Everything except for poking it with a stick.

24 07 2008

Tonight after normal work hours I was trained how to monitor the vent at Halema`uma`u. Ever since the caldera explosions earlier this year, HVO has had staff members watching the vent around the clock. The explosions have been at night, so it’s critical to have someone monitoring it constantly. However, monitoring an active vent isn’t as simple as sitting and staring at it.

There are several measurements geologists, seismologists, and geophysicists use to forecast eruptive activity and study an active volcano. Some of these measurable factors include earthquakes/seismicity, vent temperature, and tilt (deformation).

Seismicity and earthquakes help us see the frequency and characteristics of movement inside the earth. Some earthquakes are very shallow and originate within the volcano, oftentimes near the magma chamber. Other earthquakes are deep and come from the earth’s mantle, more than 70 kilometers (43.5 miles) below the surface. We’re concerned with the shallow ones, since they often occur in “swarms” before a volcanic eruption. Tonight I learned how to examine a seismograph and earthquake data to determine if significant eruption activity is happening.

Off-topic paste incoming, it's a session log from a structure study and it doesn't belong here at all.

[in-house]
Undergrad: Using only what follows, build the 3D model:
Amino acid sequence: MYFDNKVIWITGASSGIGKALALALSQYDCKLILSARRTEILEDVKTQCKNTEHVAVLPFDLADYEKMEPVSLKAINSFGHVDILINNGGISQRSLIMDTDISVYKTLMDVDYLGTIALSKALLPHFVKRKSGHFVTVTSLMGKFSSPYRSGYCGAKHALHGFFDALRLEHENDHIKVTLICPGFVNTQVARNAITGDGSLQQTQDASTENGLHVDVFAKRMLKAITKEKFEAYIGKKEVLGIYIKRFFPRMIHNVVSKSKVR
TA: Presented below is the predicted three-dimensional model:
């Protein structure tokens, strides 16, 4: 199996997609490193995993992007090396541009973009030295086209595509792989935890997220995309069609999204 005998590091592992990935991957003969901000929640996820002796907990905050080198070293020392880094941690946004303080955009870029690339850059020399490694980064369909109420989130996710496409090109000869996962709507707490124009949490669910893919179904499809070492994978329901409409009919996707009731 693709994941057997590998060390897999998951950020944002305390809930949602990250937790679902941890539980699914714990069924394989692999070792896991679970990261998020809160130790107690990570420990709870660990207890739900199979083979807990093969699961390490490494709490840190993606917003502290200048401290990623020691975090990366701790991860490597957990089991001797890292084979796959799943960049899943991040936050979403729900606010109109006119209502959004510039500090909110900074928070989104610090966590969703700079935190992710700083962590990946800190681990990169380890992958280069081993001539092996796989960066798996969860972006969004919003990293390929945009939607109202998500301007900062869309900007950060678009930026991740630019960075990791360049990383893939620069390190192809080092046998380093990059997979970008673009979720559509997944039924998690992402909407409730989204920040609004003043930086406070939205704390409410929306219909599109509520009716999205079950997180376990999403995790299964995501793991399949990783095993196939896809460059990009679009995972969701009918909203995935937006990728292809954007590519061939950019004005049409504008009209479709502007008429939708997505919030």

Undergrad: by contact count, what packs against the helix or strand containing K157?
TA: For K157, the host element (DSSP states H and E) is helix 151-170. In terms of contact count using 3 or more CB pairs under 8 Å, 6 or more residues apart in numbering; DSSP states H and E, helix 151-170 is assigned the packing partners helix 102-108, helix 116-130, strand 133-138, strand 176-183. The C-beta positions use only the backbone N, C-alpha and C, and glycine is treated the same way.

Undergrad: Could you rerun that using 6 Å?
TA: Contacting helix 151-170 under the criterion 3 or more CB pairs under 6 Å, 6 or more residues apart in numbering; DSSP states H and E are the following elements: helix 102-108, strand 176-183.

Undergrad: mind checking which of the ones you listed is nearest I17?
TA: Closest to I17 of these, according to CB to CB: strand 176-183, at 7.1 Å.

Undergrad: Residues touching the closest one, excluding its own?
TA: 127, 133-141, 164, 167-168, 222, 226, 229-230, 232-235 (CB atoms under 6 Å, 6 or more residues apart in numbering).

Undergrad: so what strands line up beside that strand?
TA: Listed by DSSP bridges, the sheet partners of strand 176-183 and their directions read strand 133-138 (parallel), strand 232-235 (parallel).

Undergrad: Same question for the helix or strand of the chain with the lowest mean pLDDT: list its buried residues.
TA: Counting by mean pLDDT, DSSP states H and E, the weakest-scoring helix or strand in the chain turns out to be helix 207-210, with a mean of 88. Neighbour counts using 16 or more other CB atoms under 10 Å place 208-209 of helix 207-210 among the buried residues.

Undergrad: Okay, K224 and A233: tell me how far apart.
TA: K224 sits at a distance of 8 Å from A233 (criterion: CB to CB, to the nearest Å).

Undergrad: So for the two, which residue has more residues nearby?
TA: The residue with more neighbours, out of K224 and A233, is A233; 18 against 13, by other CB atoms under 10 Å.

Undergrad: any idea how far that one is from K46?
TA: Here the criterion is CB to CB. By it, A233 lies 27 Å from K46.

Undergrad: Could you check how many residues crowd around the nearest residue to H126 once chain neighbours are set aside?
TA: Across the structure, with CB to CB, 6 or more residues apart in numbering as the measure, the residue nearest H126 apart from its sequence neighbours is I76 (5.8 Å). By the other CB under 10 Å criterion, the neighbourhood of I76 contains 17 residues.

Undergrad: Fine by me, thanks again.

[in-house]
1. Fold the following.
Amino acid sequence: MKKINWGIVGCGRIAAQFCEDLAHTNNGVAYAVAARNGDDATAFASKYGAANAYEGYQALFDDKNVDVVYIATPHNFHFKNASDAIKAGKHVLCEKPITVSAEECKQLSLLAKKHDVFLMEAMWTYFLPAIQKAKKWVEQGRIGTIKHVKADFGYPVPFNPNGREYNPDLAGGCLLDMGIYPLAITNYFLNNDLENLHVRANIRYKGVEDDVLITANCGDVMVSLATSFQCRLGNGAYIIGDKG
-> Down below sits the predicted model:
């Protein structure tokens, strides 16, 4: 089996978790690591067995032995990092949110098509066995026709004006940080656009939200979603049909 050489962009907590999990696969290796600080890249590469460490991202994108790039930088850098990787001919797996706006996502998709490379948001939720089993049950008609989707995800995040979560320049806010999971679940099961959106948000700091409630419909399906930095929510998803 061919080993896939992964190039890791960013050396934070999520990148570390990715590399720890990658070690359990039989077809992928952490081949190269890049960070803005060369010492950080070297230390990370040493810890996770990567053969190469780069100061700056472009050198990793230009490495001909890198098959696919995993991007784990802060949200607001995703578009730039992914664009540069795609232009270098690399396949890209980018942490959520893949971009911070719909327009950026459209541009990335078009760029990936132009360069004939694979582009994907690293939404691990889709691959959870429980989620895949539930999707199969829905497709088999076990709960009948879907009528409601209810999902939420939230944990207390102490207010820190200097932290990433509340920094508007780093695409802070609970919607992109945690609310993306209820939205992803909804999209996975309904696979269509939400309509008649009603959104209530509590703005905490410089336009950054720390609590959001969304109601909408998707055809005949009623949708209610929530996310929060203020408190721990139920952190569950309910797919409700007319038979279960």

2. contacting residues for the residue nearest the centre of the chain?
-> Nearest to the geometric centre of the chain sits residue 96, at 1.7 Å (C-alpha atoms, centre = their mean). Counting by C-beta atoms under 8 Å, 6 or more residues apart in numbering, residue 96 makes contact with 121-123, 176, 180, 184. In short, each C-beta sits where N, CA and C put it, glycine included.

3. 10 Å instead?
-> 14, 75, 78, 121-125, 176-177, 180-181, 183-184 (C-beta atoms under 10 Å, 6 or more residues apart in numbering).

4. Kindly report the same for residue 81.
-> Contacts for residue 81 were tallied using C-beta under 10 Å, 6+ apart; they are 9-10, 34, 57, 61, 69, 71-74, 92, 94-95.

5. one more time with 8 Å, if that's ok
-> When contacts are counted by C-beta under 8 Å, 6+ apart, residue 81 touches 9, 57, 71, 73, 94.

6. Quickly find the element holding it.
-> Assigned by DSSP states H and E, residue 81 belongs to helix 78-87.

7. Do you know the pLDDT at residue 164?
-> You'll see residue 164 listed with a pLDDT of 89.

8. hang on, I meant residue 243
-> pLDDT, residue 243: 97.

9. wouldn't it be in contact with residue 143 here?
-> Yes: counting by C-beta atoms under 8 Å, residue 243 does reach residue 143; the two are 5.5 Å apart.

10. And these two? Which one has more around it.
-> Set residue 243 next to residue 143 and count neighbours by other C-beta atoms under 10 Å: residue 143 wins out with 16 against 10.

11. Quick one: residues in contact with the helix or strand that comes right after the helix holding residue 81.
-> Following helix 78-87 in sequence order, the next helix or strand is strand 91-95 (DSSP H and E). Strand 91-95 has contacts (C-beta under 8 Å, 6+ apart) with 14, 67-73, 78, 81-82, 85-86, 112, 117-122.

We constantly monitor the temperature of the sulfur dioxide (SO2) gas that Halema`uma`u emits. Temperature spikes can indicate changes in vent activity, or just changes in the weather. You have to pay attention to see what is significant.

Another of the things that we monitor closely is called deformation. We use electronic tiltmeters that are semi-permanently or permanently located all around the island to measure changes in the slope of various locations. If the slope of an area increases steadily, it can indicate that the magma chamber is filling up. This can mean that an eruption is in the near future. It doesn’t always, however, so we have to make sure that we see a definite trend or we’ll be caught crying wolf. Here’s a really cool example of how volcanologists used tilt to track Kilauea’s past eruptions.

There’s more than this to monitoring, but it’s late and I have a field excursion tomorrow! It’s going to be very low-impact, since I’m still 2 days away from medical clearance to resume hardcore field work. I’m housesitting for another volcanologist now, and this one has eight cats. It’s quite a bit different than watching the two dogs at the other house! Word has gone around the office that I used to be a vet tech, so my pet-sitting skills are proving helpful to members of the staff who want their vacations.

Just so you don’t feel deprived, here’s a picture of the ocean entry plume from last week. Tomorrow will bring new and exciting pictures of Mauna Loa, Mauna Kea, Hualalai, and the Kona coast, provided the weather decides to cooperate. We’re catching the rain from a passing tropical storm, and it’s quite wet right now. Anyway, the plume awaits!

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